Very nice scale of a NASA workhorse, this kit can easily be a competition-level entry in either sport scale or giant sport scale. I decided to enter it in a local giant sport scale competition, and while flight results are still pending (see below), the static score placed this well ahead of the other competitors.
All parts are very good quality. The kit contains:
Construction starts off with the motor mount assembly, a basic tube with pair of centering rings approach. A nice plus is that this kit includes a Kevlar® cord anchored to the motor mount for recovery. The motor mount assembly is glued into the BT-55 body tube.
Fins are cut from basswood using a template. The basswood was very easy to cut and is much easier to work with than balsa when it comes to grain filling. A couple quick applications of Elmer's Fill 'n' Finish and they're ready to go. Before gluing on the fins though, you must mark the tube and cut out cardstock fin supports, which are then bonded to the BT-55, giving this more of an authentic look. The 4 fins are then glued to the fin supports. The 4 smaller upper stage fins are attached directly to the BT-5 without supports.
Construction of the transition is one of the more challenging aspects of this project. You start with a paper transition pattern, which is rolled into a truncated cone shape. In order to avoid a seam, I wound up cutting off the overlap tab, and glued this to the inside edges of the ends, ("overlapping" inside the transition). The result was a flawless/seamless joint. While this is setting, a short length of tubing is glued to the top of the balsa bulkhead. The tube acts as a container for a couple of lead sinkers used for nose weight, as well as serving as an alignment guide for the transition shroud. After epoxying in the weights (use a generous amount of epoxy here), a centering ring is attached to the short tubing, and then the transition shroud slides over the top. A smaller balsa transition section is then epoxied to the top of the tube/shroud, completing the assembly.
After attaching the upper body tube to the balsa transition, construction is virtually complete. All that's left is filleting joints, paint prep, and basic launch lugs and recovery system installation.
Overall, the construction was fairly straightforward. As long as you pay careful attention to the well-written instructions and the illustrations, you should be fine. I'd rate this a skill level 3 kit though, due to the complexity of the shroud & transition.
This has a fairly challenging paint scheme compared to basic modrocs, though for a scale competition kit, it was relatively easy. The BT-55 and transition get a flat white finish, while the upper tube gets light gray, with silver trim. After painting, there are some colored vinyl decals for stripes that go on and several highly detailed decals showing manufacturer's information and other markings. Considering the great quality of the components of this kit and the highly detailed marking on the decals, I was a little disappointed that they were peel-n-stick rather than water-slide. My competition score was dinged significantly for this.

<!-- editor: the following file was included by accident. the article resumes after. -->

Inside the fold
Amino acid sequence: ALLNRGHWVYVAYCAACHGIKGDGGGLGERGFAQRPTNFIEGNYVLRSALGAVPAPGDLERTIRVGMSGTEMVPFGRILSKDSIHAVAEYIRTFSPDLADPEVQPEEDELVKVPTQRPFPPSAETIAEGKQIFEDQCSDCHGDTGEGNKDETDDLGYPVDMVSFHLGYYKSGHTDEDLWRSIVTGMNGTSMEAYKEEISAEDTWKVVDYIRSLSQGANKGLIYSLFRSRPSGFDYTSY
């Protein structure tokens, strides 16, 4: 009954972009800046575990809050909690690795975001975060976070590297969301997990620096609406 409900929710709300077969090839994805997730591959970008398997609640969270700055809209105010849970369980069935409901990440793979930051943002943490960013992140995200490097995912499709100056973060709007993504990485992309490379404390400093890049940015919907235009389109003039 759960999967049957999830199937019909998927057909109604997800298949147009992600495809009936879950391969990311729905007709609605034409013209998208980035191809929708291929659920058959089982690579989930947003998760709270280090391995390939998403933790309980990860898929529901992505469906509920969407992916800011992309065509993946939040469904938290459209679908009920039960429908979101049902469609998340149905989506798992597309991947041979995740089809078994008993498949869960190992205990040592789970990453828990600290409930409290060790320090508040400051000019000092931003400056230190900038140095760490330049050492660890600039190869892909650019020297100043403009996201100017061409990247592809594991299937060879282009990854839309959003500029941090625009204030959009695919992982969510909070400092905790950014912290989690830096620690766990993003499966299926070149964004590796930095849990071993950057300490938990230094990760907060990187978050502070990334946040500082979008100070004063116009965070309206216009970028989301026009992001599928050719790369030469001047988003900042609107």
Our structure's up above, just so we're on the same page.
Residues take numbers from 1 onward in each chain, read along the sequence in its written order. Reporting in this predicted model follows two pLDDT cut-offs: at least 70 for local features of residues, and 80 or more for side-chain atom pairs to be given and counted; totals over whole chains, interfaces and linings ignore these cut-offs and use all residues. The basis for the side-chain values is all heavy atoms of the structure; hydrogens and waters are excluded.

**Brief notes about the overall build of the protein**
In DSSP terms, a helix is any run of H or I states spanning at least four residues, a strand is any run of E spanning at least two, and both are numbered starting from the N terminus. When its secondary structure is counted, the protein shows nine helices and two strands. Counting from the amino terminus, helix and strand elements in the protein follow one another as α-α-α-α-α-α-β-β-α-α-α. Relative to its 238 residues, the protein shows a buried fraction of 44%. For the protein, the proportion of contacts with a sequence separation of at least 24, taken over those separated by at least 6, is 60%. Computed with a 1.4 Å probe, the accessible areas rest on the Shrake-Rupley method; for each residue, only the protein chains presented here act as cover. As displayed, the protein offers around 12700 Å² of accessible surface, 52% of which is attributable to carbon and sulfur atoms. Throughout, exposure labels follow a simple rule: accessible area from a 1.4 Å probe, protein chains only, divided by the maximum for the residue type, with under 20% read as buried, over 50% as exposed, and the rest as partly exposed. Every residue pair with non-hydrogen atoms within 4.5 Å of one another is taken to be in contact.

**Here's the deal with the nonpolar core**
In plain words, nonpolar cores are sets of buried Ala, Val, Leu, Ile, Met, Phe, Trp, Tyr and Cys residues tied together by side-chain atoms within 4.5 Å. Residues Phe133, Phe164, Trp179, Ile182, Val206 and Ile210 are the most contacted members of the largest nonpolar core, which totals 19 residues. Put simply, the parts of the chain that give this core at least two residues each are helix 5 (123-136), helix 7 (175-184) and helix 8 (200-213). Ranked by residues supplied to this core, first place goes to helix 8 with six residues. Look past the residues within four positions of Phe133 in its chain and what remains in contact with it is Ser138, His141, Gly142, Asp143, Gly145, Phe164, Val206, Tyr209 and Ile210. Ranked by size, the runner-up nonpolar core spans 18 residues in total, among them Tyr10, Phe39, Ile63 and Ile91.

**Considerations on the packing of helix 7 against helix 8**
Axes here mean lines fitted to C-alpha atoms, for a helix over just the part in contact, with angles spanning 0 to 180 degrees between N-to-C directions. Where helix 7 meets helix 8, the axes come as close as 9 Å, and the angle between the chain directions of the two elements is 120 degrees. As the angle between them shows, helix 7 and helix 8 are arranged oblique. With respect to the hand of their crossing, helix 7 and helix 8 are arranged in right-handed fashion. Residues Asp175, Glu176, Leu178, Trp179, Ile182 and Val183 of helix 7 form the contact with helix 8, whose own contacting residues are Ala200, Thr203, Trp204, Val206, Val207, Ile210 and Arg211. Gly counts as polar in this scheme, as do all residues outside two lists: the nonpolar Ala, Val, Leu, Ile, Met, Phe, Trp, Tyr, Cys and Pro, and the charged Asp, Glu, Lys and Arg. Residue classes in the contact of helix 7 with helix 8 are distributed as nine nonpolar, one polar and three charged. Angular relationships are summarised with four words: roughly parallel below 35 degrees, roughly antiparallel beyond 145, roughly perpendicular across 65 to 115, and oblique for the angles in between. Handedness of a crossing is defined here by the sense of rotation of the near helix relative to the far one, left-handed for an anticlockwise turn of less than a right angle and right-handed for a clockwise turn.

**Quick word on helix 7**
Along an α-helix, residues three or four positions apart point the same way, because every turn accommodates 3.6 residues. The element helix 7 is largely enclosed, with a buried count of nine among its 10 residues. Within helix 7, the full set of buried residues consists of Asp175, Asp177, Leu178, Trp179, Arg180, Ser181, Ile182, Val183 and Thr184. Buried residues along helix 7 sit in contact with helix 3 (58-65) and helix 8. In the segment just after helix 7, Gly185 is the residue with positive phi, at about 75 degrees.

Construction Rating: 4 out of 5
For the qualified flight attempt, I chose a D12-5. Winds had been a steady 12-15 mph throughout the day, though around 5:00 we got a break and they dipped down below 10, so I decided to put this beauty up. In addition to the basic flight, I picked up some gold glitter at a party supply store and went for mission points, calling it radar chaff.
The flight was perfectly straight without a trace of spin and the delay was just right, popping right at apogee. At an estimated altitude of 800 feet or so, I wasn't sure we'd be able to see the glitter, but it sparkled in the sun and was a pretty cool sight. Unfortunately, the heavy ejection charge in the D12, combined with the very heavy weights in the transition proved to be more than the recovery system could handle, as the screw eye was ripped completely out of the balsa bulkhead despite the fact that it was epoxied in (it actually pulled out a small plug). The result was the lower section drifting a LONG way (cleared our half mile wide park), and the upper section came down dangerously fast with all that lead and very little drag. The upper section planted itself a good 4-6" into the soft ground. DQ/sep, though I'll probably have an opportunity to repair and fly it again it at "bonus day"/continuation.
The damage was fairly minor and once I complete the contest flight, I'm looking at a torn/crimped body tube to replace plus a replacement screw eye for the bulkhead.
Flight was excellent though the recovery is poor. This really needs to be a two-piece recovery. Given the weight of the upper section, I'd be inclined to go with a nylon chute and heavy-duty Kevlar® shroud lines. I just don't think the single mylar chute is going to be able to hold up on this.
Flight Rating: 3 out of 5
I was quite pleased with this kit. It was fairly easy to build, resulted in a very competitive scale rocket, and just plain looks nice. The recovery system is obviously a weakness, though very easily correctable. The decals are another weakness and Andy at ASP mentioned that he might go water-slide in the future on this (even offering me a set of water-slides when I finish my repairs).
Overall Rating: 4 out of 5